The FDA is not bound to follow its advisory committees’ recommendations, but does so in most cases. On April 25—coincidentally DNA Day 2014—the FDA formally approved Roche’s HPV test as the First-Line Cervical Cancer Screening Method.

The “Entrenchment Factor”

At the risk of “throwing cold water” on the aforementioned PCR test benefits, I feel compelled to quote from Pollak’s NY Times story that ended with the following caveat.

“The Pap test, which is well entrenched and has been highly successful, will not go away quickly, if at all, however.

Assuming the FDA itself agrees with its advisory committee and approves the new use of Roche’s test, it would become just another option, not a replacement for the older testing regimens. And many doctors will not adopt the new test unless professional societies recommend it in guidelines, which could take years.”

Let’s all hope that these professional societies—and any other persuasive factors—lead to relatively rapid adoption by doctors.

As always, your comments are welcomed.

30 Years of PCR and Going Strong!

Amazingly, there’s one PCR publication every ~15 minutes, and it’s still getting faster, better, cheaper and more enabling! Human DNA

Kary Mullis invented the polymerase chain reaction (PCR) in 1983 and was awarded the Nobel Prize in Chemistry in 1993. As an R&D nucleic acid chemist during the three decades since Mullis’ contribution, I’ve always been amazed by the ever-expanding, enabling-power of PCR. A 1998 article about Mullis in the New York Times referred to the method “virtually dividing biology into the two epochs of before PCR and after PCR.” To put the “after PCR” epoch into numerical perspective, consider the following.

  • ~50,000 labs worldwide currently use PCR
  • ~400,000 publications indexed to PCR currently in PubMed
  • ~33,000 such publications will appear in 2013, which is…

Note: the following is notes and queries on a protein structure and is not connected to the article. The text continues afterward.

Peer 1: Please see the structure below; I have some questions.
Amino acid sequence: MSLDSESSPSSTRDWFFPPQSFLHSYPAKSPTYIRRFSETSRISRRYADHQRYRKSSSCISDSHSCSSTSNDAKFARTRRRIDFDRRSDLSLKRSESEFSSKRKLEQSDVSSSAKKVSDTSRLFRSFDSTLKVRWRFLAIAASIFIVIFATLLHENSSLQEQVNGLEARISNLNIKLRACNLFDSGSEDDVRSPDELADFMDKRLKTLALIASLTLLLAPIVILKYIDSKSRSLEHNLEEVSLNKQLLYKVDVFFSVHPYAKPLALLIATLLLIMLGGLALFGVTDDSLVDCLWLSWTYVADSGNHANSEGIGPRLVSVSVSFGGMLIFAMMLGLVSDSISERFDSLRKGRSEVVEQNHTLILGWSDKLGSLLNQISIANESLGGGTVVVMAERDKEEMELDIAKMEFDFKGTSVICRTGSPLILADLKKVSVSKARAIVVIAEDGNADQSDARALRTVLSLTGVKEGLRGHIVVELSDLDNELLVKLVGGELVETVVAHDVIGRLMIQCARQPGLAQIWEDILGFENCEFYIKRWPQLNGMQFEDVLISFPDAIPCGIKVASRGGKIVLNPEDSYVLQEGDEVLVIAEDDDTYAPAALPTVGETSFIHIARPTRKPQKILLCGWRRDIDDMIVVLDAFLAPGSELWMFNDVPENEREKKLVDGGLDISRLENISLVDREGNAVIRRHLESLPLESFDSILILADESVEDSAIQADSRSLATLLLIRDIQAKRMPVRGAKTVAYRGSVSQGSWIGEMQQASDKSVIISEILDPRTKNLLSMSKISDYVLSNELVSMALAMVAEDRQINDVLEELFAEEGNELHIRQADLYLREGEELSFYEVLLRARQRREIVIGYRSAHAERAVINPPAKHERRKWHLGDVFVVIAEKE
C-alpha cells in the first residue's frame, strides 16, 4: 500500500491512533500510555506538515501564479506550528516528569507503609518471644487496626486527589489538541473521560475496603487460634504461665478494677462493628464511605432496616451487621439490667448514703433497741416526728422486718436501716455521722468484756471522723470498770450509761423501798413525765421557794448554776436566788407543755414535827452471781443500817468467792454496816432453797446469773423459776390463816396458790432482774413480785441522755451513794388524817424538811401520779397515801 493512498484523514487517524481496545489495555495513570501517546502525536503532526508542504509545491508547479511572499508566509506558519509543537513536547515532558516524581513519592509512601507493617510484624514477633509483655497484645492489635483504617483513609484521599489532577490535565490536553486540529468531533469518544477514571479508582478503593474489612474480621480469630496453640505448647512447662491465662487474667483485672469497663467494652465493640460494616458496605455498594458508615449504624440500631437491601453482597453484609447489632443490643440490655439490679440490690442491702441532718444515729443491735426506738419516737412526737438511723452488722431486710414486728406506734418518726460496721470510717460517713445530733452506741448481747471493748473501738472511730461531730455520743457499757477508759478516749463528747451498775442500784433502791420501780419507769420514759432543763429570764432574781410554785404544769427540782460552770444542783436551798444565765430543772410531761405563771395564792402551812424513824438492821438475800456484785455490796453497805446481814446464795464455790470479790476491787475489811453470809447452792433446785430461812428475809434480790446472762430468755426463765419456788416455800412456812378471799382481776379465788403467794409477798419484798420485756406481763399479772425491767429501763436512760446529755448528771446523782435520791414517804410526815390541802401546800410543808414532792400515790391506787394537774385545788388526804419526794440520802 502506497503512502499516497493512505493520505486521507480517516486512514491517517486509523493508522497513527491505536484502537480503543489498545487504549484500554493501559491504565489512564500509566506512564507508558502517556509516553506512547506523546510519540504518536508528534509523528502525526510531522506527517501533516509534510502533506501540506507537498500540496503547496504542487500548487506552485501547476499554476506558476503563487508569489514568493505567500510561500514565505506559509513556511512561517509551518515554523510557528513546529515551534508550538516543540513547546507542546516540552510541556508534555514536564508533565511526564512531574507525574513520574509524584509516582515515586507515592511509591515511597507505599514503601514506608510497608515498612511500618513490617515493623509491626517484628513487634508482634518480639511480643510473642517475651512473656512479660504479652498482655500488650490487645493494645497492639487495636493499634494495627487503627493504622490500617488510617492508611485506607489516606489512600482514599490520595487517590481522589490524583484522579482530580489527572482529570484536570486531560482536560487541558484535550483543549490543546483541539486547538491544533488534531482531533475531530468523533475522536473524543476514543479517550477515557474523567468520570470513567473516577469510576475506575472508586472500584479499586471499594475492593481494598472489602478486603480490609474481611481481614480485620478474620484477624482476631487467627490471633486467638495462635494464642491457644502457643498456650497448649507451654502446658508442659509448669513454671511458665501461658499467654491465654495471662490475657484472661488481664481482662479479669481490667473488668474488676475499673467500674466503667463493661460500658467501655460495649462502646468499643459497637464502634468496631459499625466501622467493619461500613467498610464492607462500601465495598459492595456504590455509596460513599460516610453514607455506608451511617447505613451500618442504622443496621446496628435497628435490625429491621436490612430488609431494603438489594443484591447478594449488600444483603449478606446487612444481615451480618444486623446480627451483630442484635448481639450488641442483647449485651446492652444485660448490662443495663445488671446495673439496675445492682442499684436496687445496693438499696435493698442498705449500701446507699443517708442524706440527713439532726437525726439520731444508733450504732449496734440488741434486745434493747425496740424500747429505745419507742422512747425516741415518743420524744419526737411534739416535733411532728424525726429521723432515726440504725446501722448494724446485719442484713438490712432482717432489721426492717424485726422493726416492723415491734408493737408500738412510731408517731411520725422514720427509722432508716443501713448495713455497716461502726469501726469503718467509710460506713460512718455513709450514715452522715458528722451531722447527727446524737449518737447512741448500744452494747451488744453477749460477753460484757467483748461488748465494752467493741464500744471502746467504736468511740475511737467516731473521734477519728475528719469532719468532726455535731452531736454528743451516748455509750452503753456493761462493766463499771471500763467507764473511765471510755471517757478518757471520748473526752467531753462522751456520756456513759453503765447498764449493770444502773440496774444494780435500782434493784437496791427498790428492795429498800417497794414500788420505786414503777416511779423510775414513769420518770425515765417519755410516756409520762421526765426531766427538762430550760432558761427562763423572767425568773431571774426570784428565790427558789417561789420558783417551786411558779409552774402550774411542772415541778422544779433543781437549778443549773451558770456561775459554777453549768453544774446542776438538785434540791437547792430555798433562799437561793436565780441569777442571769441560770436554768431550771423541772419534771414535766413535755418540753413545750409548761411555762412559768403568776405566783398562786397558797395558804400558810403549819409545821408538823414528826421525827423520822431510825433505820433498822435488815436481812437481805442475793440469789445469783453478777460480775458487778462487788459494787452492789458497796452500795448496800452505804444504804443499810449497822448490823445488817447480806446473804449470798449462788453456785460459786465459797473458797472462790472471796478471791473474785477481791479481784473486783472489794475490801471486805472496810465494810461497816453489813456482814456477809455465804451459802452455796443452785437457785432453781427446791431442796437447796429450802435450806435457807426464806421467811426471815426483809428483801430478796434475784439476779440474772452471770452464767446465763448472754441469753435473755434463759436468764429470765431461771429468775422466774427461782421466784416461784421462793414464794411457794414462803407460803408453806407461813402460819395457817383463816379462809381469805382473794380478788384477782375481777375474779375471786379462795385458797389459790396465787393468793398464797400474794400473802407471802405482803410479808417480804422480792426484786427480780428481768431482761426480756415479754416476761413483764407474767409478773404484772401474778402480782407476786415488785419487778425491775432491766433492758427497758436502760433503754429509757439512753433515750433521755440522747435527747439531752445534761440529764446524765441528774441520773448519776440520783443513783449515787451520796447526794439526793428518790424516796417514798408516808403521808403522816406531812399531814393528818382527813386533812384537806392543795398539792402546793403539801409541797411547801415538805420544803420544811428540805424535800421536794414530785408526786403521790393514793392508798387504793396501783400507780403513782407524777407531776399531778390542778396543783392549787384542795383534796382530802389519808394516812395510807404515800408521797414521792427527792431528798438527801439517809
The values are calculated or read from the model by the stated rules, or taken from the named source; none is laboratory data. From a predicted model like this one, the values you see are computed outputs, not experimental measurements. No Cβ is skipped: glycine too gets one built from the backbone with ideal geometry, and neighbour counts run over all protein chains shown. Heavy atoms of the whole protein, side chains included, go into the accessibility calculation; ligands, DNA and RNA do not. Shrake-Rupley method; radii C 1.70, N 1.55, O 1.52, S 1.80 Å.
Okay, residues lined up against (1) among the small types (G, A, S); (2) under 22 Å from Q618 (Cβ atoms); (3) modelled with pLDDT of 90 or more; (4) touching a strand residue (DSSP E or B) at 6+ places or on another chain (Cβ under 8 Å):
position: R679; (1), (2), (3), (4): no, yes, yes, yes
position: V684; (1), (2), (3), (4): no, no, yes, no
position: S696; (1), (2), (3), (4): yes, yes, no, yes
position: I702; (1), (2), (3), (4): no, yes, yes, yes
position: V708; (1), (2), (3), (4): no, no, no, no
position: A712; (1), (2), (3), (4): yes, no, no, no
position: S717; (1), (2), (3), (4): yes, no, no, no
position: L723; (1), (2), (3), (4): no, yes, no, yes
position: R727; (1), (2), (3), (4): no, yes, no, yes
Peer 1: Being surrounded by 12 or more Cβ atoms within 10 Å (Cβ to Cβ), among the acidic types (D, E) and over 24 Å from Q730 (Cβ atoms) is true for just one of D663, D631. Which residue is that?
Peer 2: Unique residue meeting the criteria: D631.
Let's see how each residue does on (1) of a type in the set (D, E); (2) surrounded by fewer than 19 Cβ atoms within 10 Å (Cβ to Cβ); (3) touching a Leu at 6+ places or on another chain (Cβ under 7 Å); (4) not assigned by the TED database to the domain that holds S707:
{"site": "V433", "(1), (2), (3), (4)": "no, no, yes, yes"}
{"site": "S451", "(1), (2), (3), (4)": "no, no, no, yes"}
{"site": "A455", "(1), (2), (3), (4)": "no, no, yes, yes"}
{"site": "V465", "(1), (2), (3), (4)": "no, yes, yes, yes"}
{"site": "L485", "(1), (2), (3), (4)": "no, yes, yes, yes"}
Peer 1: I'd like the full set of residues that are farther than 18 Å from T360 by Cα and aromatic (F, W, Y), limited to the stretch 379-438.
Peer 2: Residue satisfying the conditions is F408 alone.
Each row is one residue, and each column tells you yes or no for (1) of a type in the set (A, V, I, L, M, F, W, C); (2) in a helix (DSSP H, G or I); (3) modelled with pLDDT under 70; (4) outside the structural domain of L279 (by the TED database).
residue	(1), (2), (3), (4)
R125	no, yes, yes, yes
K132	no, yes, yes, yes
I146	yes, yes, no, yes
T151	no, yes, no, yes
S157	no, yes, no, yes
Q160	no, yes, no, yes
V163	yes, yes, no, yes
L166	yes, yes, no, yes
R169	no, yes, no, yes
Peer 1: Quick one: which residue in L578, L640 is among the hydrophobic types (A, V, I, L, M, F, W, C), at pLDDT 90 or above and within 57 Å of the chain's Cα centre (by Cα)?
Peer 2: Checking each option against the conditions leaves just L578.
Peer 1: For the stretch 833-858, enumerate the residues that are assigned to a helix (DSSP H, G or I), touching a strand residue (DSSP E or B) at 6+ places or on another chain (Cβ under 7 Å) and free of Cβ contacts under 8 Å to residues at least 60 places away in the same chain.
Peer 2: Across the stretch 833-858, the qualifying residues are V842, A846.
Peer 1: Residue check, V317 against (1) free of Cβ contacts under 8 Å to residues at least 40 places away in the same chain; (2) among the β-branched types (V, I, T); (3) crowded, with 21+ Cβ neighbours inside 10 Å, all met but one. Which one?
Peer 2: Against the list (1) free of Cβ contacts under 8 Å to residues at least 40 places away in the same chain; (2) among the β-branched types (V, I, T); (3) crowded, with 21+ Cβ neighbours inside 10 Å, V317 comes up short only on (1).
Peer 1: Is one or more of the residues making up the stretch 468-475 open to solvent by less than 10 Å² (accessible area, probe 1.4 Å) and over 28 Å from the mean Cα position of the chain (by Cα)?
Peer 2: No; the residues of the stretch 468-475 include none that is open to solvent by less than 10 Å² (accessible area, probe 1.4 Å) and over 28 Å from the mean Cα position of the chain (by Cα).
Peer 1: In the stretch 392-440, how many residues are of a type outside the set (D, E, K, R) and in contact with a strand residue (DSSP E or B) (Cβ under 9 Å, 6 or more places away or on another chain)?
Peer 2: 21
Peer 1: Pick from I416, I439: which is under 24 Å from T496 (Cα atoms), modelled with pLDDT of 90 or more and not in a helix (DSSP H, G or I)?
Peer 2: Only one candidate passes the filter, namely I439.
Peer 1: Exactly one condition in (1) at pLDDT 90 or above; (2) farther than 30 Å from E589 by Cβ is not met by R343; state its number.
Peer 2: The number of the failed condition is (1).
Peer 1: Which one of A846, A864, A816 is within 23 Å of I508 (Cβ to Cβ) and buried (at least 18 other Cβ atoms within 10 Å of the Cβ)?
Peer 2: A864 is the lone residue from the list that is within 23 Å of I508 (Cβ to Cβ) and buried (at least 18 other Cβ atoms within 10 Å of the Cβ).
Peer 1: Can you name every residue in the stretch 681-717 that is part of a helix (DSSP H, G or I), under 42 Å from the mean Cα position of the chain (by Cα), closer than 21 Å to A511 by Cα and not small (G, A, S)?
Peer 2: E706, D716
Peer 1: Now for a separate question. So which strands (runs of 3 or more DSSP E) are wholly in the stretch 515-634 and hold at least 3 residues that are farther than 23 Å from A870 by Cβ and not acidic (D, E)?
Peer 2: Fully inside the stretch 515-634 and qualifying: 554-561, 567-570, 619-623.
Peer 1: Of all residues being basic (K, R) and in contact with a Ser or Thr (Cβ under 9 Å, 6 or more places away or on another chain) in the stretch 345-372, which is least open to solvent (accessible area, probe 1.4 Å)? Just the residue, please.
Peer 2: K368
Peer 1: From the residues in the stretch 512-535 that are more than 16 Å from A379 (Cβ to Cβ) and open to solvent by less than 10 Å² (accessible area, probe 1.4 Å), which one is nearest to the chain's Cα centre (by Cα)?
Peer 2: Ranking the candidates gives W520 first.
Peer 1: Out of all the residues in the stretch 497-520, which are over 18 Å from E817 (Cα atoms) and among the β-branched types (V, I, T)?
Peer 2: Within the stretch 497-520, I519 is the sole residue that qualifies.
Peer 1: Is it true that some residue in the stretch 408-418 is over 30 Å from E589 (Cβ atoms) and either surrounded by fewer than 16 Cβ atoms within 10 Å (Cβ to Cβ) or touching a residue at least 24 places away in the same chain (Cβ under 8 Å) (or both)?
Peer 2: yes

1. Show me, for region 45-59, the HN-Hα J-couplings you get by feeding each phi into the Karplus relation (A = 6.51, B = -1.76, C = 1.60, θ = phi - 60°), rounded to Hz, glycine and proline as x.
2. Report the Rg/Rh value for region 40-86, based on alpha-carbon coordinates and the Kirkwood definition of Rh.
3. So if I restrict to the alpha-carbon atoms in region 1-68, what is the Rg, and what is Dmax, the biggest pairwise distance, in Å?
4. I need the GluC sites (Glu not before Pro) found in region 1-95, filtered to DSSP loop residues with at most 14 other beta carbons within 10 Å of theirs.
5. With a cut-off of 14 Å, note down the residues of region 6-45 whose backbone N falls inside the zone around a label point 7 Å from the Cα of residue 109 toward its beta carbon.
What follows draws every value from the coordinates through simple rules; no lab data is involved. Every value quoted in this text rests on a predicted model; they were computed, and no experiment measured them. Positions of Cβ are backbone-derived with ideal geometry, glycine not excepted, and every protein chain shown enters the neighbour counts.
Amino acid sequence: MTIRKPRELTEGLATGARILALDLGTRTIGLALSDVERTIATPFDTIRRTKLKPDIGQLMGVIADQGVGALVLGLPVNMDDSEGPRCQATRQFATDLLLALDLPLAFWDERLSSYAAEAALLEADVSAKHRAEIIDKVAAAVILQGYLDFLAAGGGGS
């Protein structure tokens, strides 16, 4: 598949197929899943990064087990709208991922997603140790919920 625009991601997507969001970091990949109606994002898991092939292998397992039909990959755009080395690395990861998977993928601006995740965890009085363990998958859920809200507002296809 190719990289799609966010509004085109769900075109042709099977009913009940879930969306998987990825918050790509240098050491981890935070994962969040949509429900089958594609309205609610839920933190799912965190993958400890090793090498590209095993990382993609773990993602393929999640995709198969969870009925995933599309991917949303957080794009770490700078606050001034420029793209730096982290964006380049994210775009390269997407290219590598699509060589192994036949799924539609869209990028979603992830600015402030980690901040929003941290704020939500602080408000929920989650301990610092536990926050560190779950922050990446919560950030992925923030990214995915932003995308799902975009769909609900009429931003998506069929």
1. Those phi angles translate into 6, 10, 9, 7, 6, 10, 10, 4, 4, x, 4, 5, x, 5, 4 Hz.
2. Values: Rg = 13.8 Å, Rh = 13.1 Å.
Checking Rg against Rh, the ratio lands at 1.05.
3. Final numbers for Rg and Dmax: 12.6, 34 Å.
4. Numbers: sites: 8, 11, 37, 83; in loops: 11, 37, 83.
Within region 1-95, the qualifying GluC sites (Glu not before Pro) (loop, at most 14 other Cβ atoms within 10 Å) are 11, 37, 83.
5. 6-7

• One PCR-indexed publication every ~15 minutes, 24/7/365 in 2013

Like PCR itself, publications related to this method keep amplifying (pun intended).

Thank you very much, Kary!

Kary Mullis

Kary Mullis (Bing Images)

How did seeking sequencing lead to finding PCR?

If you haven’t read Kary Mullis’ witty account of The Unusual Origin of the Polymerase Chain Reaction published in Scientific American in April 1990, I highly recommend doing so if you can get your hands on a copy. Since this issue is not electronically available and is likely not in hard copy form in many libraries, I’ll share what I found fascinating about this story.

Freed from the toil of having to manually synthesize oligonucleotides, and instead having a machine do that for him in 1983 at Cetus, Mullis was—in his words—“puttering around with oligonucleotides” in search of “a technique for easily determining the identity of the nucleotide at a given position in a DNA molecule.” The approach he was thinking about was essentially a variation of what nowadays is called polymerase-mediated single-base extension of an oligonucleotide primer using dideoxynucleotide triphosphate (ddNTP) terminators—aka more simply “minisequencing” (see SNaPshot®). Importantly, he decided that it “would be more definitive” if some sort of minisequencing used a pair of oppositely oriented oligonucleotides—one for each strand of DNA—so as to determine the single nucleotide of interest and it’s paired base (sort of like proofreading). In Mullis’ mulling over potential problems due to trace contamination of ddNTPs with regular deoxynucleotide triphosphates (dNTPs), he suddenly recognized the essential elements of PCR: a pair of oppositely oriented oligonucleotides with any desired spacing and thermal cycling to repeatedly melt and hybridize for extension by a polymerase and dNTPs would lead to exponential amplification of any selected segment of DNA. Such an amplification method, he thought, seemed to be more useful than the original technique he was mulling over.

But here’s where the story gets even more interesting. Mullis says that “[f]or the next few weeks I described the idea to anyone who would listen [but] no one was particularly enthusiastic about it.” Undeterred, he did an initial experiment and got the expected gel result late that evening, when he bumped into Albert Halluin, the patent attorney for Cetus. Mullis told him about the idea of PCR and the results. Halluin “agreed that it was significant…[and] was even a little excited and suggested that I get to work on the experiment and write a patent disclosure. As he left he congratulated me.” So while, of course, we are forever indebted to Mullis for his discovery of the PCR process, we must also thank Halluin for recognizing the genius of the discovery.